The United States Intelligence Community (IC) is a federation of sixteen separate United States government agencies that work separately and together to conduct intelligence activities considered necessary for the conduct of foreign relations and national security of the United States. Member organizations of the IC include intelligence agencies, military intelligence, and civilian intelligence and analysis offices within federal executive departments. The IC is headed by the Director of National Intelligence (DNI), who reports to the President of the United States.
Okay, now we know what comprises the IC so let’s see if we can figure out why there’s sixteen different agencies all doing pretty much the same thing. In my not-so-humble opinion there’s a lot of duplication, maybe even triplication going on…and don’t even ask me about military intelligence being an oxymoron, because it is.
Somewhere, in the dim recesses of what’s left of my mind, there resides a thought that was once the entire explanation of what we now call homeland security. Simply put it was the Central Intelligence Agency (CIA) did all the stuff outside the United States and that the Federal Bureau of Investigation(FBI) did all the stuff inside the United States. By my count, that’s two agencies…so what are the other fourteen agencies doing?
Normally, I like just about everything that Ronald Reagan did while he was President…but not this. Among their varied responsibilities, the members of the Community collect and produce foreign and domestic intelligence, contribute to military planning, and perform espionage. The IC was established by Executive Order 12333, signed on December 4, 1981, by U.S. President Ronald Reagan. The Washington Post reported in 2010 that there were 1,271 government organizations and 1,931 private companies in 10,000 locations in the United States that are working on counterterrorism, homeland security, and intelligence, and that the intelligence community as a whole includes 854,000 people holding top-secret clearances. According to a 2008 study by the Office of the Director of National Intelligence, private contractors make up 29% of the workforce in the U.S. intelligence community and account for 49% of their personnel budgets.
Whooeee…that’s a lot of people with top-secret clearance, if anyone was to ask me for my opinion…maybe we could cut down on that number somehow, along with the almost 1300 government organizations working on scary stuff. If we go along with my simplified system of one organization for inside the US and one for outside the US, it looks like we could save some money there. There should be ONE person, who reports directly to the President, that is in charge of those TWO agencies. It just doesn’t sound logical to have all these various “Directors” and “Chiefs” and whatever other titles they want to drop on them. The fewer people in the chain of command/information, the less likely it is that there’s going to be a leak.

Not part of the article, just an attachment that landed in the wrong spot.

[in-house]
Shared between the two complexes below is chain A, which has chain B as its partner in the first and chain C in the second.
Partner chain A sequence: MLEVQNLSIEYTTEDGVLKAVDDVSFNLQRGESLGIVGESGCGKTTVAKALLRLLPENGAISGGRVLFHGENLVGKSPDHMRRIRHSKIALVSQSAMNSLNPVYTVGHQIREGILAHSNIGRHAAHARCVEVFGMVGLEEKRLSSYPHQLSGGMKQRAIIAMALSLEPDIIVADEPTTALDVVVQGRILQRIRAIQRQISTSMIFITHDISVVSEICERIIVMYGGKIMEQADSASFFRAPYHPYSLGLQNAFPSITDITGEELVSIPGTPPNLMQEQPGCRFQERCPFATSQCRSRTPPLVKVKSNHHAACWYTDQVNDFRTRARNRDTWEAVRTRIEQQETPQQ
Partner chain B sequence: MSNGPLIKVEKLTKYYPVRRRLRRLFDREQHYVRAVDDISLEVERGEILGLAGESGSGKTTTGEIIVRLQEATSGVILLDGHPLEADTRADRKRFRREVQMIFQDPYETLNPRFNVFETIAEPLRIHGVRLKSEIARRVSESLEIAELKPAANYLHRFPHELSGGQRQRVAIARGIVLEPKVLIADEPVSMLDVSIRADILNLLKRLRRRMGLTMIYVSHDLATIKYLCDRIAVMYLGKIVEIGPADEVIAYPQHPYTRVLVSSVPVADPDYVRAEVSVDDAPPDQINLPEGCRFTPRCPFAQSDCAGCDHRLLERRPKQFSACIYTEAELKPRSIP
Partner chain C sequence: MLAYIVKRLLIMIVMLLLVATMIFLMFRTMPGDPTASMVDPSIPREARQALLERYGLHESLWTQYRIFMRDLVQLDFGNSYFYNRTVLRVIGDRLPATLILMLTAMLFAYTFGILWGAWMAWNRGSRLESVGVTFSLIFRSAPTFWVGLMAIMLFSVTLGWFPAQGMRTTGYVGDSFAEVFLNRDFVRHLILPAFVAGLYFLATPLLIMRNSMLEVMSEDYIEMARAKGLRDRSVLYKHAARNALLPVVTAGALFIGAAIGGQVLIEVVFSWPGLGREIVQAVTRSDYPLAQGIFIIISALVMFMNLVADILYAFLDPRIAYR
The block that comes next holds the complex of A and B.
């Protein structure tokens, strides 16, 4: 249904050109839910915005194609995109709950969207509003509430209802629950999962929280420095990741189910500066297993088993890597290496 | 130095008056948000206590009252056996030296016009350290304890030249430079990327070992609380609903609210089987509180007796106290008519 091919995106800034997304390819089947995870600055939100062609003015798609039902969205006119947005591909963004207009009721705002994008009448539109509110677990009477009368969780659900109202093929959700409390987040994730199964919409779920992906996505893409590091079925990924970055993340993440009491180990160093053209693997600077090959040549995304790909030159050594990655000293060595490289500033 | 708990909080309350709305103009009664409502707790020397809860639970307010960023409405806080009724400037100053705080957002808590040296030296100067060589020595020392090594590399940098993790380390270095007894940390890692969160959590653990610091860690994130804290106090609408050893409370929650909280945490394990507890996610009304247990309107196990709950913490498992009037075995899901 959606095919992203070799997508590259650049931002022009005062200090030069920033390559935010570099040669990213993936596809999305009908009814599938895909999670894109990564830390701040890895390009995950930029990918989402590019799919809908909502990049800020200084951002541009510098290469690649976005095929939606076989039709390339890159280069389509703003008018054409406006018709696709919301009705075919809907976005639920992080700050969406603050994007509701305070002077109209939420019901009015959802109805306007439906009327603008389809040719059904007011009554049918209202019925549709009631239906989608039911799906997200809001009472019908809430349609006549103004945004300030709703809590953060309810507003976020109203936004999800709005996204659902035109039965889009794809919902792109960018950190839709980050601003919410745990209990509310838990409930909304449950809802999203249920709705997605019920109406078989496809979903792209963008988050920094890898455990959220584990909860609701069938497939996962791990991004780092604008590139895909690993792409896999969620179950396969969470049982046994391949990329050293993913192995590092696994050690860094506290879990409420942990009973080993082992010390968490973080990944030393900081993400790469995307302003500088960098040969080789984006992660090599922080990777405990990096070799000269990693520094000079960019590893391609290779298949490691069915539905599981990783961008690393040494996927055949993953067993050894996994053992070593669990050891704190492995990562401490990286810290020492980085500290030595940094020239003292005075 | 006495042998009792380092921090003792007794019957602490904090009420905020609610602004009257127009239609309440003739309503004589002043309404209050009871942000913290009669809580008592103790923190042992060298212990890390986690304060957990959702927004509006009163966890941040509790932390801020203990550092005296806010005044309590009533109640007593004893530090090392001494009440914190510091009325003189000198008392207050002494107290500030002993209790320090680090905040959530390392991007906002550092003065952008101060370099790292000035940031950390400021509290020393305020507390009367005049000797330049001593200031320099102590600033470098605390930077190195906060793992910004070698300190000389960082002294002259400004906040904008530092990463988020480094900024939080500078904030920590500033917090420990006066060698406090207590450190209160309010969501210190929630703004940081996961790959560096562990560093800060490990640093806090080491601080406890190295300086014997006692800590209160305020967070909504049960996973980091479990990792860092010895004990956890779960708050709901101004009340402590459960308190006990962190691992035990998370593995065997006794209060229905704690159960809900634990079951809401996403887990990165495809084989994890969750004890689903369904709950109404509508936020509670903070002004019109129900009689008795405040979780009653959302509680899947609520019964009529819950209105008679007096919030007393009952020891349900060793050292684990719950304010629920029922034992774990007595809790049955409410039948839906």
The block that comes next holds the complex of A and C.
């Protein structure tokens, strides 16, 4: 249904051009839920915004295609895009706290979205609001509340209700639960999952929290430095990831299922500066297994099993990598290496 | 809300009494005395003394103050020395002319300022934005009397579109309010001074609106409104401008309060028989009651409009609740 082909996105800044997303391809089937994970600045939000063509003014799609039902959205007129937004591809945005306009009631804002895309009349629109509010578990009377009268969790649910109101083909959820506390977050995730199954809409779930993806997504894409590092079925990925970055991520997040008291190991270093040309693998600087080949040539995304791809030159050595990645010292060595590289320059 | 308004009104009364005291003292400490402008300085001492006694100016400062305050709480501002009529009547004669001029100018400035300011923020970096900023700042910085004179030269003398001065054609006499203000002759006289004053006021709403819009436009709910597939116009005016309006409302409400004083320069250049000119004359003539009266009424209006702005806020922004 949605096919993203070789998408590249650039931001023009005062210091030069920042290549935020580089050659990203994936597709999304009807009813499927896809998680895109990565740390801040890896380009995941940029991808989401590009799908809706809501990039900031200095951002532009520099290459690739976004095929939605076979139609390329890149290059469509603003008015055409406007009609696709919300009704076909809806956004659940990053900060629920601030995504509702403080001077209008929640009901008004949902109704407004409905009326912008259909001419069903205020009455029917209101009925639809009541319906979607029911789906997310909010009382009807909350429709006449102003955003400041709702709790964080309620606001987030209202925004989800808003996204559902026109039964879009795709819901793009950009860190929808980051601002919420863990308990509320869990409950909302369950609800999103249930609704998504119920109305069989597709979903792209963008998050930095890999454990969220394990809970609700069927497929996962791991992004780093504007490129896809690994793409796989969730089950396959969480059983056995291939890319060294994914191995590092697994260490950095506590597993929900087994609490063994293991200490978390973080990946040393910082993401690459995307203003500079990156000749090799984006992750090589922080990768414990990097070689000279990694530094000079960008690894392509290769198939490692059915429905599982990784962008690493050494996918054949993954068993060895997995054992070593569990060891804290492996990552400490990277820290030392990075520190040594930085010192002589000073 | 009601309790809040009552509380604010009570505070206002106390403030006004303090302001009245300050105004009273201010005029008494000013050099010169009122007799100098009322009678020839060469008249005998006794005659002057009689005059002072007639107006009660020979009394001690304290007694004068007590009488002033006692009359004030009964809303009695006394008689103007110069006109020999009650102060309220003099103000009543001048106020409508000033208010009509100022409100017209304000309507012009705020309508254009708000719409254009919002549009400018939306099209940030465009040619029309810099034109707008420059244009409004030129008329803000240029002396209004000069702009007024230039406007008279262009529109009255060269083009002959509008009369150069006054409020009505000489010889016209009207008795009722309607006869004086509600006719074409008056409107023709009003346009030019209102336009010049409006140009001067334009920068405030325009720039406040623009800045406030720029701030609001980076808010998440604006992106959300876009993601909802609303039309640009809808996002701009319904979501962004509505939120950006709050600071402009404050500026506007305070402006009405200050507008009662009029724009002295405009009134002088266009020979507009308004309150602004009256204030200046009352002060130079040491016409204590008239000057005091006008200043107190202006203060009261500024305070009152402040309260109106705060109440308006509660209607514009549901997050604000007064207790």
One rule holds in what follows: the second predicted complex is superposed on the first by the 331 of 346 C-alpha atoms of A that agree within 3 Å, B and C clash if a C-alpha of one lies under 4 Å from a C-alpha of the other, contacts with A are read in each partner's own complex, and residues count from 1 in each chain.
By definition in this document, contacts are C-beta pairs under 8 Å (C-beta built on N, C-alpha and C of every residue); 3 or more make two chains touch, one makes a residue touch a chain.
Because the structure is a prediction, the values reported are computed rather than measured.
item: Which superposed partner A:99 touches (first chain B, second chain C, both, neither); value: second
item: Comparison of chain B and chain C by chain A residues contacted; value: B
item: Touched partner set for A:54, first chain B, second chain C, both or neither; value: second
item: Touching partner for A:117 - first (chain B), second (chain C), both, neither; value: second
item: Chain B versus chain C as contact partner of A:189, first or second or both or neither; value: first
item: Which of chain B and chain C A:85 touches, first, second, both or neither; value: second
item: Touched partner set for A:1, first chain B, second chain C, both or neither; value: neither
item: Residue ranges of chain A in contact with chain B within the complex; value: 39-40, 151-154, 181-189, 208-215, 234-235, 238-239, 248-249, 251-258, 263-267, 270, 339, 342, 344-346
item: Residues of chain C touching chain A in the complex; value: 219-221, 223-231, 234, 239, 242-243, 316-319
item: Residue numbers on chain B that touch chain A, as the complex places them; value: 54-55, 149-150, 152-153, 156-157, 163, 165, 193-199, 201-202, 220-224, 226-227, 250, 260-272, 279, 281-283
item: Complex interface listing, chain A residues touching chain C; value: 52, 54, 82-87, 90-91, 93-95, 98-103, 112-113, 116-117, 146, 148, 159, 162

Now, speaking of leaks…those need to be plugged, and right now! Put out the word that anyone, and I do mean anyone, leaking classified or sensitive information about anything the Federal government is going to do, or is doing, will be summarily tried for sedition and/or treason and put away for awhile…and not in a country-club prison either. No rational person gives out information that will be detrimental to his country unless he/she is a traitor, and must be called that and tried for that. We are, as has been exclaimed many, many, times, a nation of laws…if we do not adhere to those laws and bad things happen someone is bound to ask “why”. Somebody else better have a really good explanation at that point.
When I was a boy, probably in the third grade or so, I learned a valuable lesson about responsibility.
Someone wrote something on the blackboard that was not a nice thing to say about the teacher. She was out of the room when this person wrote it, but when she came back and saw it she proceeded to find out who did it. The interrogation was simple…she just called out a name and asked if that person did it…and they would answer “no”. Eventually she had called on everyone and it was always the same answer, “no”. Now here’s where the lesson of learning responsibility comes in. She said she would leave the room for two minutes, giving the guilty party a chance to erase the blackboard and stand at her desk and be recognized. The alternative to not confessing the guilt was that a note would go home to every single student’s parents, relating the incident and what the blackboard had written on it. She left the room and we all started talking. We knew who the guilty party was, and we knew we didn’t have to suffer for them. Eventually the teacher came back into the room. The blackboard had been erased and there was a student standing by her desk. They had a very quiet conversation and then the student sat down. We exerted very little pressure on the guilty person, other than to say that they should own up to what they did…and they did.
Parting shot: If you’re a rational person, living in these United States, you know right from wrong. You should be able to accept the consequences of your actions. You should be able to understand the facts of the situation. So, why is it that so many of you do not?